In 2015, Medicare providers must begin demonstrating meaningful use of Electronic Health Records (EHR) technology. As of this writing, that’s six months away. Nowhere is there any hint that this will be postponed, as was the ICD10 conversion date. Failure to make meaningful use of EHR records triggers a 1% reduction in reimbursement each successive year through 2017.
EHR Meaningful Use Defined
In 2015, CMS requires Stage Two Meaningful Use compliance by providers who’ve fulfilled Stage One requirements within the last two to three years. The core requirements for Stage Two compliance are dependent upon successful installation and mastery of sophisticated information systems that can support EHR exchange between providers and patients and between providers and other providers. Some of these are:
- Computerized provider order entry of medication, laboratory and radiology orders
- Prescriptions originated and sent electronically
- Use of clinical decision support systems
- Online patient access to their health records
- Online availability of lab results to patient and provide
- Secure electronic messaging capability between provider and patient
EHR Stage Two Implementation
Stage Two implementation is wholly dependent upon successful installation and operations of EHR software and hardware to support meaningful use (MU) attestation. There’s a great deal of money to be made from the installation and management of EHR systems.
Ambulatory and Hospital Inpatient comprise the two types of EHR implementation. As of 2013, according to a report by research firm Software Advice 209,000 practices had attested to full meaningful use of an EHR in ambulatory setting, almost double the figure for 2012. In 2012, 107,000 ambulatory practices had attested to complete EHR use. By the end of 2013, this had increased by 95% to 209,000. The groundswell would seem to signal that practitioners are fully cognizant of the approaching EHR Stage Two requirements and are moving to comply.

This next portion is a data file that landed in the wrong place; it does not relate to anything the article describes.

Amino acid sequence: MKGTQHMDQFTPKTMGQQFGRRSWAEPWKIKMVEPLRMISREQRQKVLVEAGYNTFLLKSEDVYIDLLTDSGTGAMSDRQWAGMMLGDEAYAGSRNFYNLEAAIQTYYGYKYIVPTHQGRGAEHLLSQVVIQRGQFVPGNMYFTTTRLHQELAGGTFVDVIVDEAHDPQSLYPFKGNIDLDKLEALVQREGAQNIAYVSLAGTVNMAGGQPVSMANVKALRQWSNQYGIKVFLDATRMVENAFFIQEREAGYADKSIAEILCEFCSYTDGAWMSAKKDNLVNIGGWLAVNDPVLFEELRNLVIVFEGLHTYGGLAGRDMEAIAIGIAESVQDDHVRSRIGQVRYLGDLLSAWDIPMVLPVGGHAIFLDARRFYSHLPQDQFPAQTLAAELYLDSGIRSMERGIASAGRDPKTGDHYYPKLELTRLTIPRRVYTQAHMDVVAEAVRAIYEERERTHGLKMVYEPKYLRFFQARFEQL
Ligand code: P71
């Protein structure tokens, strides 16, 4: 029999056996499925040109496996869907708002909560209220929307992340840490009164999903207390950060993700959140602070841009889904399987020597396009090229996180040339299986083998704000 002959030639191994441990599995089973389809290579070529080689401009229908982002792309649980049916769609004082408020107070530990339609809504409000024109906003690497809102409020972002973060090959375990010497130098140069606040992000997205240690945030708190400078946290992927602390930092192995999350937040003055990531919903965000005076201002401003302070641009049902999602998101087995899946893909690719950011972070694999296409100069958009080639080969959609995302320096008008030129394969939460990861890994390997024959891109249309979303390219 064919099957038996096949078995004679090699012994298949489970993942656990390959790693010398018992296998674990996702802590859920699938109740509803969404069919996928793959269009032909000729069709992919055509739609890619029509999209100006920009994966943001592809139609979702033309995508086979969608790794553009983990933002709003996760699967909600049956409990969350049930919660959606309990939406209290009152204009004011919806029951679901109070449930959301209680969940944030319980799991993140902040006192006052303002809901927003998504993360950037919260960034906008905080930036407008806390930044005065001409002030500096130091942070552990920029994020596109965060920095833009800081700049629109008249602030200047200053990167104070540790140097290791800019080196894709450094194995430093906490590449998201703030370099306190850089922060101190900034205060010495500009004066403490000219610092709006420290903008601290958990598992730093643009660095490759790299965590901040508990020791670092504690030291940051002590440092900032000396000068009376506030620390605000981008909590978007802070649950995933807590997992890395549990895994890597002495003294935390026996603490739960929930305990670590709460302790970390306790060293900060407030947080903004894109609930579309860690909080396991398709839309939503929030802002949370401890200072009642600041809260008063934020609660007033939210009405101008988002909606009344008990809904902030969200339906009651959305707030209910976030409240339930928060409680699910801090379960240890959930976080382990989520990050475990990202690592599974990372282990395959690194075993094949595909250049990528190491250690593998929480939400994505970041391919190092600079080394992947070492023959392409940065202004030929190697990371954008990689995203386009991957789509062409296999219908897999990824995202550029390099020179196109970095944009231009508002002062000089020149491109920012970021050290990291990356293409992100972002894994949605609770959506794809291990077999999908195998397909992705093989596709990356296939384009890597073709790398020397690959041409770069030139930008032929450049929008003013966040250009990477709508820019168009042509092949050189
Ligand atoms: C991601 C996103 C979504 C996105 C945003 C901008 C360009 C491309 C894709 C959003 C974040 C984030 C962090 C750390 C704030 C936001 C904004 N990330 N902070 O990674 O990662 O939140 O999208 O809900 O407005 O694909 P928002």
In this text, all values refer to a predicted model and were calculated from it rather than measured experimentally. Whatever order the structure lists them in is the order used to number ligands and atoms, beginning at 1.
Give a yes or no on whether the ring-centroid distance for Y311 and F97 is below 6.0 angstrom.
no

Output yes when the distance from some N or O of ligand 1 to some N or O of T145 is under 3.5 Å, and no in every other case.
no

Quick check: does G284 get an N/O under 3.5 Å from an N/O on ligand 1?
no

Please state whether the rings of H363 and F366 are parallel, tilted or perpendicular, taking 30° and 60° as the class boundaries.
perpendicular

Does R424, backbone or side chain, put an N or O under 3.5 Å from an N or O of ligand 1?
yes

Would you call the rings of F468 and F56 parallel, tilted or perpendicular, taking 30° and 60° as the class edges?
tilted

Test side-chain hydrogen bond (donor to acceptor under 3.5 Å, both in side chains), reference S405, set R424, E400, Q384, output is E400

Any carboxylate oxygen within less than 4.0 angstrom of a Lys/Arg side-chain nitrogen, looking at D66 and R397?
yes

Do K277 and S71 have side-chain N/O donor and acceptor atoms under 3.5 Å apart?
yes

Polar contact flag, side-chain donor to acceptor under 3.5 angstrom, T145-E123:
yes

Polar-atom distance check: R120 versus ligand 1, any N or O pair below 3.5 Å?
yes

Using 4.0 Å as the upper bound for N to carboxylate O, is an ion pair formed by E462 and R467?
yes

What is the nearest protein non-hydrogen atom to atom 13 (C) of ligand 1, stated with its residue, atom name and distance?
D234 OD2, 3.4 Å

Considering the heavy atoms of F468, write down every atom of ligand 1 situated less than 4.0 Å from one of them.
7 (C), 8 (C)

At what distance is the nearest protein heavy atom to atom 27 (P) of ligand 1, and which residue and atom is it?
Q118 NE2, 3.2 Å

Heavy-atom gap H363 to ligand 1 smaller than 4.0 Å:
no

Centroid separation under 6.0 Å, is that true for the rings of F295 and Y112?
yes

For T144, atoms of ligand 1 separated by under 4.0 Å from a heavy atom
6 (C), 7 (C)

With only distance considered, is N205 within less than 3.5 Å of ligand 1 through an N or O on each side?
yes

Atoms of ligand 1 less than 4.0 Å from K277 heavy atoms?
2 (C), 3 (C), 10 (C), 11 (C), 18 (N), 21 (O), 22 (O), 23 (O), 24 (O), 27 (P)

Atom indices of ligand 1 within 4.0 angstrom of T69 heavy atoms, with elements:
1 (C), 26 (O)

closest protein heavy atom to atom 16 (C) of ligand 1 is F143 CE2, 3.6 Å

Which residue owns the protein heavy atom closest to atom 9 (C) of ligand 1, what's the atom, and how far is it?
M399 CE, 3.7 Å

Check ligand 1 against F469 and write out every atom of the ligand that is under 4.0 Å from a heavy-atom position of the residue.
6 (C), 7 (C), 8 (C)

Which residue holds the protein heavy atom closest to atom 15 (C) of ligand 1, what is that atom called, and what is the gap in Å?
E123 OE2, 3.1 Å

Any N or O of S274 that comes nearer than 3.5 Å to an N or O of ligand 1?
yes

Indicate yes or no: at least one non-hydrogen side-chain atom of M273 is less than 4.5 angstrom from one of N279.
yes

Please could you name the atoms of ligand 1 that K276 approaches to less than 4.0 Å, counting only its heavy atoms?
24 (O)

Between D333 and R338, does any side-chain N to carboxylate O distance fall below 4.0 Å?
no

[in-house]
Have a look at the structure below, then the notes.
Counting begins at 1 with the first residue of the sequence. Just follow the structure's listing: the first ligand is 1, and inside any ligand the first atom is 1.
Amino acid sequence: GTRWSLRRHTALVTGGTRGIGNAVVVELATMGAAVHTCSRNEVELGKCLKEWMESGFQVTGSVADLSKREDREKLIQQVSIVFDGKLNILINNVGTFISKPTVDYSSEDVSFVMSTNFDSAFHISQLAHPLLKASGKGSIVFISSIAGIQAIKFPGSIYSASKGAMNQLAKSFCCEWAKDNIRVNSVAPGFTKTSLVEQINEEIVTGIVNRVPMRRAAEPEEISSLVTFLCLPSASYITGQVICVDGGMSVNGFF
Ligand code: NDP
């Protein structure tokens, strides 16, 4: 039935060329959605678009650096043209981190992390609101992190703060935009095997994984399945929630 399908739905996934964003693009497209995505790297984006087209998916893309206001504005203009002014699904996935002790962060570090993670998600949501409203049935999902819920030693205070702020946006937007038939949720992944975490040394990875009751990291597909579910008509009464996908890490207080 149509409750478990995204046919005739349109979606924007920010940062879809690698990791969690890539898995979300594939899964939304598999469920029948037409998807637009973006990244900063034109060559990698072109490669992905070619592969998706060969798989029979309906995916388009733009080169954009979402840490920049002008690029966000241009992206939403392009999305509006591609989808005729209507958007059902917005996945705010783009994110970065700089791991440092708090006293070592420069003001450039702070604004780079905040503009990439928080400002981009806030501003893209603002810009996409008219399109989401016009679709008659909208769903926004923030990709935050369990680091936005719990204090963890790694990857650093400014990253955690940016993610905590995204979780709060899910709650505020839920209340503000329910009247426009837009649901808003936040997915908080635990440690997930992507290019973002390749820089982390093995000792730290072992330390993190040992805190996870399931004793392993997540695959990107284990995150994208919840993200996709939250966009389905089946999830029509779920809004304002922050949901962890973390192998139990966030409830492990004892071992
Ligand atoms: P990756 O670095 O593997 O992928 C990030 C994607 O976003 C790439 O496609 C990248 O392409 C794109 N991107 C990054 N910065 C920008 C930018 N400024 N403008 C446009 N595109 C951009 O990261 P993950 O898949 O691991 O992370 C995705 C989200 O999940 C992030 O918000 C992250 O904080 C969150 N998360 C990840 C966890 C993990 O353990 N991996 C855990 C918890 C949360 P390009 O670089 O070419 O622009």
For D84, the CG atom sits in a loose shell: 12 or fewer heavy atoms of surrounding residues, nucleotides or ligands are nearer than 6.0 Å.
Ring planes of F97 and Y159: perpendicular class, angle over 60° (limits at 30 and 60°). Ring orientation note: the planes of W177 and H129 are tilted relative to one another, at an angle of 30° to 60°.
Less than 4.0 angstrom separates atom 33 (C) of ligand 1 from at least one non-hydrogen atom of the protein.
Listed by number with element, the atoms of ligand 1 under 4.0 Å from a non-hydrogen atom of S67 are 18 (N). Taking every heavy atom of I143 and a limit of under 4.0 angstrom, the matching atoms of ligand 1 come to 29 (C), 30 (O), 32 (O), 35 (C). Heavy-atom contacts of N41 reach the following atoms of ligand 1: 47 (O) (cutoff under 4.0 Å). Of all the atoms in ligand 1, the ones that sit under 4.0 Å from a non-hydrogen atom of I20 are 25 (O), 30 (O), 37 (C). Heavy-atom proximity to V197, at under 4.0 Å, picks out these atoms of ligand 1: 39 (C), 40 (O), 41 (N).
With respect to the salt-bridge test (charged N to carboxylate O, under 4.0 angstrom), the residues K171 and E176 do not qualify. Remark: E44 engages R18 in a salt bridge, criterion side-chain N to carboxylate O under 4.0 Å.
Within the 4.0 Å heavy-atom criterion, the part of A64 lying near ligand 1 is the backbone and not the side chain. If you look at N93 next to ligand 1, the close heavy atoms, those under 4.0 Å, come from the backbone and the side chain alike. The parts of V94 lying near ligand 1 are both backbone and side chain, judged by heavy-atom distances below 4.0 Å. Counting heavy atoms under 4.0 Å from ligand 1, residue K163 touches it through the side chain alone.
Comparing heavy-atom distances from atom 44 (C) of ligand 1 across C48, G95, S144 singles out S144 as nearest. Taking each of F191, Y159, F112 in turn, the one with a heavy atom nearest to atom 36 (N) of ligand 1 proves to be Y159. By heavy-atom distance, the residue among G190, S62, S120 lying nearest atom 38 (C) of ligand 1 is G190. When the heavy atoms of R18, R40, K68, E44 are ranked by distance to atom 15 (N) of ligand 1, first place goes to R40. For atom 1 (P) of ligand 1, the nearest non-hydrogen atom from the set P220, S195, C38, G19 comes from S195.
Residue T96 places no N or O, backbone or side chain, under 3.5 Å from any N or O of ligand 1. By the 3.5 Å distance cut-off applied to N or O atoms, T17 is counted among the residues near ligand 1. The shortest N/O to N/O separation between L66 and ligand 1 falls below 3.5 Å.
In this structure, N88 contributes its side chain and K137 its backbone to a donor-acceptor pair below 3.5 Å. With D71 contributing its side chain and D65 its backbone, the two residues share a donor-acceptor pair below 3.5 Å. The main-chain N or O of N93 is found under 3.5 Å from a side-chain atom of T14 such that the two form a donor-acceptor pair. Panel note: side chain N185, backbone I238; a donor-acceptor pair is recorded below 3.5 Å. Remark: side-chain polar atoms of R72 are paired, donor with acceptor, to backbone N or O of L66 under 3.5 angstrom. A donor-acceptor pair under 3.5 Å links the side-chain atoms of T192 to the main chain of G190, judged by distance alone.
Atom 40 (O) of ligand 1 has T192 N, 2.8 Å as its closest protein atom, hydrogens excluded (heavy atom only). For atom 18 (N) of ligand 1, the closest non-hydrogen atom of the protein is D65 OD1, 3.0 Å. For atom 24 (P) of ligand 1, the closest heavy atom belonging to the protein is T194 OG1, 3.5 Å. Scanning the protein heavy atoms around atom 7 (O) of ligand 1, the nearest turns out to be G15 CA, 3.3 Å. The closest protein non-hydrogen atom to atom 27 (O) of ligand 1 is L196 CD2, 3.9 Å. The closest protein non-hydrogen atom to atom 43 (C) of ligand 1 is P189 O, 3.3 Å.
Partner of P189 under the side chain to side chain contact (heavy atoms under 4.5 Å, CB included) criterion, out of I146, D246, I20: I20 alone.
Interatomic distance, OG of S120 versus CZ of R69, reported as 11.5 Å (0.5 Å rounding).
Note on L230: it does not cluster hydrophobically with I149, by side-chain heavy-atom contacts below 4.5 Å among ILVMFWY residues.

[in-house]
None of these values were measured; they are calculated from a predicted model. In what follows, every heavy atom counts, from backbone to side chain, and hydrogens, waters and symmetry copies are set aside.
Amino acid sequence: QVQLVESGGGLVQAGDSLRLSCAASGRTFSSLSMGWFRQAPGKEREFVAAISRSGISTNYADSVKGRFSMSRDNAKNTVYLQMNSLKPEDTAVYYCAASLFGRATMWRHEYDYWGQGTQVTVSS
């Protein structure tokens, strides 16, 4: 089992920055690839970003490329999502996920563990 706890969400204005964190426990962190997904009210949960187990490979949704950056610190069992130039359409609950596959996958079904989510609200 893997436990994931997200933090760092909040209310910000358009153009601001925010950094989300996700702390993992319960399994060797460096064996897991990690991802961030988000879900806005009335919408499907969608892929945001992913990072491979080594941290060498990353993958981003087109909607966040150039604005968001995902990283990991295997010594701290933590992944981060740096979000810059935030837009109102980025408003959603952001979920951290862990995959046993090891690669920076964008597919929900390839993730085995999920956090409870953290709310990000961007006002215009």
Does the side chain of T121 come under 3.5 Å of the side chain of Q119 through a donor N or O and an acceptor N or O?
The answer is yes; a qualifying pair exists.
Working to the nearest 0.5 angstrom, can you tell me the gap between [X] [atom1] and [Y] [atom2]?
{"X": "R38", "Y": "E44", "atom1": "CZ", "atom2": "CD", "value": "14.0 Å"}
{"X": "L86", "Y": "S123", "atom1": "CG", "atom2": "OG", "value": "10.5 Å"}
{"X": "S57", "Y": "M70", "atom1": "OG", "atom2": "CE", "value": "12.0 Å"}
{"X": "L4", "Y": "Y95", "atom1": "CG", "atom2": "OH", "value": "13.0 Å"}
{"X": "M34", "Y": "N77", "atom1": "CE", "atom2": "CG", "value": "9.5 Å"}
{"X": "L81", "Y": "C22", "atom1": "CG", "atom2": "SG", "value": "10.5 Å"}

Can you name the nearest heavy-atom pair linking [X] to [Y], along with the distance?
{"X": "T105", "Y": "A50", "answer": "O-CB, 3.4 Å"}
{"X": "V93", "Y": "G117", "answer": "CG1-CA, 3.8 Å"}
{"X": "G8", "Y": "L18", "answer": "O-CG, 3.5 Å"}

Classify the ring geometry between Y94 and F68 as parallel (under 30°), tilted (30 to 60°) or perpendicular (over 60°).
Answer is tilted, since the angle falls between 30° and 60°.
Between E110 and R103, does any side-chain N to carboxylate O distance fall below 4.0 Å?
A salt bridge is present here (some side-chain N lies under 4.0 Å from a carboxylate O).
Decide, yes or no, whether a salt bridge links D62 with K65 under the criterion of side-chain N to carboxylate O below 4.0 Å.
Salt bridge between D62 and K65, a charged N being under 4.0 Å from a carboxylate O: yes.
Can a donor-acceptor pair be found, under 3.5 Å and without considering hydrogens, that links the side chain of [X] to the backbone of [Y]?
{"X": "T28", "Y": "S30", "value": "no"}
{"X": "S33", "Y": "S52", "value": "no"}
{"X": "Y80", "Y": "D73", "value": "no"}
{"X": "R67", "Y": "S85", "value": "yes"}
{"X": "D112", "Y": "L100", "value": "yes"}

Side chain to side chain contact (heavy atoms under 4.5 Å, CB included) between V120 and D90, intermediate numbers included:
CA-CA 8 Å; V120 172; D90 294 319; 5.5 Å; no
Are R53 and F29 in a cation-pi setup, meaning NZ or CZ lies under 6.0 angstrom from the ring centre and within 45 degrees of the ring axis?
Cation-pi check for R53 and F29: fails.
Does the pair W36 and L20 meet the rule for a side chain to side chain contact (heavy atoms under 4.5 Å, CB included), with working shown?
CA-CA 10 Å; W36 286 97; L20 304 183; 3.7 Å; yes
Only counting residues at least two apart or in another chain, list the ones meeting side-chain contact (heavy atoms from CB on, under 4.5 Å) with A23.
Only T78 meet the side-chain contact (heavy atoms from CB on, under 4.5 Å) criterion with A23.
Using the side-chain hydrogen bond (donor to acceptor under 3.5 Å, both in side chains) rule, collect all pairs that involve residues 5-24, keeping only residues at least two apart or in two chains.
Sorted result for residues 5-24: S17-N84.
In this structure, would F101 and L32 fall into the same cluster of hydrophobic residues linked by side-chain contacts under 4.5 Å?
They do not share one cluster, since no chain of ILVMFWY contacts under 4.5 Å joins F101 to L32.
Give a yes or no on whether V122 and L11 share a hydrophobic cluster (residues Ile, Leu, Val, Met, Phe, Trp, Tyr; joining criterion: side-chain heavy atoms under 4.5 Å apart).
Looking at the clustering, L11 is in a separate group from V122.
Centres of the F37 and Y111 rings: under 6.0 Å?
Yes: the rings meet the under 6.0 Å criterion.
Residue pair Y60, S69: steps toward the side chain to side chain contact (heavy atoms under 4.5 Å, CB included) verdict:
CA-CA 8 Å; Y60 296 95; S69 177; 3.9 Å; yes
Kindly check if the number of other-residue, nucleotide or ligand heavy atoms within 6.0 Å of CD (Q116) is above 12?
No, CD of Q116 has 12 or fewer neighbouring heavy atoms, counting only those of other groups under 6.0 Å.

In 2012, Ambulatory EHR implementations were served by 437 vendors. One might think the market for EHR systems’ vendors saturated at that point, but in 2013, another 119 vendors appeared, an increase of 25%, bringing the total of EHR vendors supporting ambulatory to 556. Of these, ten had 64.2% of the market, with an astounding 456 vendors serving the remaining 35.8%, or 82,555 practices, equating to one vendor for each 181 practices. Whatever the long term effects of EHR on health care, it’s certainly fostered a booming cottage industry of systems’ vendors. It’s also spawned speculation about the inevitability of consolidation, as market forces come into play, post implementation.
Hospital EHR implementations are served by far few vendors, hospitals being far few in number and having much larger and more complex requirements. These installations can run into the hundreds of millions of dollars and threaten the financial stability of the impacted health care systems, even as they boost the profits of major EHR vendors: ten of them designed and installed the EHR systems for 90 percent of attested hospitals, with three firms accounting for half of the hospital attestations.
Is EHR Conversion Worth It?
Health information systems are modernizing as fortunes are spent and fortunes made. The final bill for EHR conversion isn’t yet available, but will surely run into the tens of billions. Concerns have been raised: “Evidence of significant savings is scant, and there is increasing concern that electronic records have actually added to costs by making it easier to bill more for some services,” noted The New York Times.
It will be years before all the metrics of EHR conversion are available, its ultimate success determined by patient outcomes.